Mikis Theodorakis’ continuing high profile in Greece thankfully means that Songs of Freedom remains in the Sony catalogue in that country, albeit sadly without the original beautiful sleeve art which is reproduced above. But in a chilling timewarp the original English sleeve notes are retained for the CD version, so they read as though the Colonels are still in power! It is available online from the splendid Studio52 in Thessalonika; my copy arrived speedily and cost €12.50 plus shipping.


Songs of Freedom is a classic of the gramophone. It contains very moving performances by two very fine musicians. But more importantly, it is living proof that creative artists have an important role to play when human rights are denied.

Now read the notes of a college revolutionary.

Image credits; That wonderful poster for Z from Filmpostersdownunder.com, tank on Athens street from Wikipedia. Any copyrighted material on these pages is included for "fair use", for the purpose of study, review or critical analysis only, and will be removed at the request of copyright owner(s). Report broken links, missing images and other errors to - overgrownpath at hotmail dot co dot uk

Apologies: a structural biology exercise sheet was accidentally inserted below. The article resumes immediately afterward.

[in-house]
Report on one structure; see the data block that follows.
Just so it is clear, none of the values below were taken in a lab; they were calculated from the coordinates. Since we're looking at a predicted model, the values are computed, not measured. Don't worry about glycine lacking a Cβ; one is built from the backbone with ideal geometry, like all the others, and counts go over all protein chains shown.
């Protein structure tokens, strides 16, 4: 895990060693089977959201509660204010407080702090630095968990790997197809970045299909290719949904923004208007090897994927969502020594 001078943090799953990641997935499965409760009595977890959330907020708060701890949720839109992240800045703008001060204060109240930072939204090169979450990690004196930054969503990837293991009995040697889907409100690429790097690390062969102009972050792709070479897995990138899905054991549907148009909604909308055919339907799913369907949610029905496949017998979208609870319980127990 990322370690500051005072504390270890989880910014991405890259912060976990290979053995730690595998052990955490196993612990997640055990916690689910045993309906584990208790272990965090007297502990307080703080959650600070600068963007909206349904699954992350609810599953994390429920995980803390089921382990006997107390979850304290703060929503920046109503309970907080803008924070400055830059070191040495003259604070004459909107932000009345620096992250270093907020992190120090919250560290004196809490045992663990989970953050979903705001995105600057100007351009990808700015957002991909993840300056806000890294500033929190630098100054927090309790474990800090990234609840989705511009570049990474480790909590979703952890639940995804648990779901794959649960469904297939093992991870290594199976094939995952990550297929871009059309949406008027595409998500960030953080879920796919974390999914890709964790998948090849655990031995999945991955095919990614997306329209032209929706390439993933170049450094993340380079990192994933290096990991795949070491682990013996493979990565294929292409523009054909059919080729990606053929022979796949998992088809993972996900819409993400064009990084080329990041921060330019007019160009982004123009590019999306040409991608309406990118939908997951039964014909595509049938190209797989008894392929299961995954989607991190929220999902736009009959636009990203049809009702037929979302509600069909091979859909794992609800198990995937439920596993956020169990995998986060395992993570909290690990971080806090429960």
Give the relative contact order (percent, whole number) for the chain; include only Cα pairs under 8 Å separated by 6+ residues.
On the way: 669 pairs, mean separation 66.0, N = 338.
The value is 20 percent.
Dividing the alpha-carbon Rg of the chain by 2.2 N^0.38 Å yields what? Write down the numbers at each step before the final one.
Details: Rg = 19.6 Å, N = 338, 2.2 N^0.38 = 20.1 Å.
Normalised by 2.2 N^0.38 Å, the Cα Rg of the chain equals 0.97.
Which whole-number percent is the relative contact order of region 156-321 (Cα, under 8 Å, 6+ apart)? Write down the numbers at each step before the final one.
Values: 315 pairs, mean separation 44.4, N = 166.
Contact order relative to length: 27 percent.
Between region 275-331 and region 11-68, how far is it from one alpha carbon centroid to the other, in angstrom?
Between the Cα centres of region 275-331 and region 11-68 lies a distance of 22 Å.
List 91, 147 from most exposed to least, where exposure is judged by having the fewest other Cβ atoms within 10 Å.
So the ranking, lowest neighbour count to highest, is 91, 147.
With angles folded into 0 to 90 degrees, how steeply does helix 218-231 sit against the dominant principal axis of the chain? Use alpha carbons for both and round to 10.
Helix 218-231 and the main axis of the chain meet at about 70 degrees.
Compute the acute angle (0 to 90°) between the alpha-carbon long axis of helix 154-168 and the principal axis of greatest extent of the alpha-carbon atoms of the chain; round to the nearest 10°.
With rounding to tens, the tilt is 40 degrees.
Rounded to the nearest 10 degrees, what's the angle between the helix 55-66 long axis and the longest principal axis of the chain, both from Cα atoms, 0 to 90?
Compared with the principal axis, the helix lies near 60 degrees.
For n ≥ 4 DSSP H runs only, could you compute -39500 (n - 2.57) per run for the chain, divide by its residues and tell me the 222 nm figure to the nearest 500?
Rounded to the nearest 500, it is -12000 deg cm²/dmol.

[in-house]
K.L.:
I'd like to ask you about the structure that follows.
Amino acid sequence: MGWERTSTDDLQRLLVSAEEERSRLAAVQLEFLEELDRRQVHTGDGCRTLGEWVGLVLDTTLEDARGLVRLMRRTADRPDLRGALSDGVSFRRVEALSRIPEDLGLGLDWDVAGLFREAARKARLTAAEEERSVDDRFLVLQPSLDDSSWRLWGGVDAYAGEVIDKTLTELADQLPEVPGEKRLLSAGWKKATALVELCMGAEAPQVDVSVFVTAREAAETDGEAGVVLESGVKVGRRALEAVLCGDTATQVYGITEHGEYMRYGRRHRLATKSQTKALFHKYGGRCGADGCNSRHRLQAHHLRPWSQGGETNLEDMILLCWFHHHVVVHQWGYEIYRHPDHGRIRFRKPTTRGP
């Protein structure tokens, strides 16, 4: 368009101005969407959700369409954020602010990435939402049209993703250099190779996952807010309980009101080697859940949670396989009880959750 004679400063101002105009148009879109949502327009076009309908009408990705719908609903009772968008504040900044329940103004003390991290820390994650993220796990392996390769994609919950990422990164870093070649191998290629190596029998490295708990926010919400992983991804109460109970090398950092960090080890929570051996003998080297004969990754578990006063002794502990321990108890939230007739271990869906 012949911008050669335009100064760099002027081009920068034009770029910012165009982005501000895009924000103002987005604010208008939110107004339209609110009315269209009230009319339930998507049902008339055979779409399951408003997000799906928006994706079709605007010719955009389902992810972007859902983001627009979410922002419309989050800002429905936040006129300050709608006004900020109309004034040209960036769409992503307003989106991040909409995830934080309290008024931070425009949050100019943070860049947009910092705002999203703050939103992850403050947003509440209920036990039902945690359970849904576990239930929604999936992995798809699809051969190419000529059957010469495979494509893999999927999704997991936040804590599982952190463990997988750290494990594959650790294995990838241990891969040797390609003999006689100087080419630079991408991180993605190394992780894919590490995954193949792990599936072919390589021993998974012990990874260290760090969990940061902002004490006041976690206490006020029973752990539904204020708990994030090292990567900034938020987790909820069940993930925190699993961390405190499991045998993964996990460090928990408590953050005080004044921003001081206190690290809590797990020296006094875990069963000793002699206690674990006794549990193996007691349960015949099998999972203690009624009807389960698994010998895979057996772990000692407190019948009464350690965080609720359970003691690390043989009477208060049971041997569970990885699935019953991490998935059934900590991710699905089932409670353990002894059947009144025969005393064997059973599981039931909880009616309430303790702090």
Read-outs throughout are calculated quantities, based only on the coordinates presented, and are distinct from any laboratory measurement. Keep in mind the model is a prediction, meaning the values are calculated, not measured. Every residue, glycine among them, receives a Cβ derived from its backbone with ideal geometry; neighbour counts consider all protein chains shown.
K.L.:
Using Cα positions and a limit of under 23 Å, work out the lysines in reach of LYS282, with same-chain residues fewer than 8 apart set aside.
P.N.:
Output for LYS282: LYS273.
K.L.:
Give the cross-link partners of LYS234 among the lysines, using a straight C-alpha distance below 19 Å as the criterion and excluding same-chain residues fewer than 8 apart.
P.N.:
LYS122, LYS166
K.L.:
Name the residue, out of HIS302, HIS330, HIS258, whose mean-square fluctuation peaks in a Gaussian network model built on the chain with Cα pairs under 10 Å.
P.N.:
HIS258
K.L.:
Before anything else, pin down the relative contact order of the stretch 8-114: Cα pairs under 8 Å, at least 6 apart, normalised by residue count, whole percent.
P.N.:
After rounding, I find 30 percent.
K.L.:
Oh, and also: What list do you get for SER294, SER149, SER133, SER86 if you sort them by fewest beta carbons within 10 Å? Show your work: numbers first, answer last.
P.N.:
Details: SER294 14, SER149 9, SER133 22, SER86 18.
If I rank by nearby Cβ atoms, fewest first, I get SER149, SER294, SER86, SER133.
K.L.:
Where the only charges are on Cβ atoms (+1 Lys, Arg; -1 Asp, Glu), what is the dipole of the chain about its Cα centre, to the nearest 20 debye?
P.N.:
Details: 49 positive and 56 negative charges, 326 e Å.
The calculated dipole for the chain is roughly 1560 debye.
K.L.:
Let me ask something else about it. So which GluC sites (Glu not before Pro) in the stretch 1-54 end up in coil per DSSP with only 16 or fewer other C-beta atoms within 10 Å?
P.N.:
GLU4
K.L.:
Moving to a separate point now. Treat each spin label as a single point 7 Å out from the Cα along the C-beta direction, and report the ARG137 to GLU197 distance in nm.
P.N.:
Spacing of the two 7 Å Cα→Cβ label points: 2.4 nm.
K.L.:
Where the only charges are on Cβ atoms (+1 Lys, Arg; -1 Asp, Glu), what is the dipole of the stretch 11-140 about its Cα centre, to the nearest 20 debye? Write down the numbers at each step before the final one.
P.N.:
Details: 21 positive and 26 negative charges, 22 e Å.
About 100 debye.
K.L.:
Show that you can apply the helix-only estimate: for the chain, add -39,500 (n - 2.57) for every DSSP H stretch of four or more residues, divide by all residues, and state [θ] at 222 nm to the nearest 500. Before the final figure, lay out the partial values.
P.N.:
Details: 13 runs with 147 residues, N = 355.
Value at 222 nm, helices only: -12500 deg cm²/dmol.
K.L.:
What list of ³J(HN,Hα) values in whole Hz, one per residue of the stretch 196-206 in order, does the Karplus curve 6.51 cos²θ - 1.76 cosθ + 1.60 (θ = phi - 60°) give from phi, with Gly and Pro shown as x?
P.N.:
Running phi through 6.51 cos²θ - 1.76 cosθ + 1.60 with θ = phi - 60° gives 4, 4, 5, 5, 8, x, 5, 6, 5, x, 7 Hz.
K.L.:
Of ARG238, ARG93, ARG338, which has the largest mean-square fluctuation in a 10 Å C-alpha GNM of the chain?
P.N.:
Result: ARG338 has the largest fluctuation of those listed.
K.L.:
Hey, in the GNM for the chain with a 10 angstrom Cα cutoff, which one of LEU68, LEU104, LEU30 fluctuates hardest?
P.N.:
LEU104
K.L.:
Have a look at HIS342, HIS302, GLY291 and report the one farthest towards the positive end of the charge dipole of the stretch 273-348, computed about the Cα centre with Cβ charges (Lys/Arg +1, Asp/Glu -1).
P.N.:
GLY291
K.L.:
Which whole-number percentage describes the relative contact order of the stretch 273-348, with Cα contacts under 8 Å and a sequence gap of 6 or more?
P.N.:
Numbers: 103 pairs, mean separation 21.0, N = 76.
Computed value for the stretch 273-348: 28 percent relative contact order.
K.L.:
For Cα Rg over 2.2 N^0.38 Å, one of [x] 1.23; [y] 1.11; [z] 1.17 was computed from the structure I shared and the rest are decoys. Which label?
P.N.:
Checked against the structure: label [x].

2 comments:

Pliable said...

'But what was really terrible about the Junta was the lasting damage it did,' continued Stelios, turning away from his personal story. 'It destroyed the cultural spring that was flowering during the 1960s. Greece had been opening up and becoming more cosmopolitan; it was the time of glamorous holidays on Mykonos, painters and writers gathering on Hydra, films like Zorba the Greek ... And we had great musicians like Hadzidakis and Theodorakis.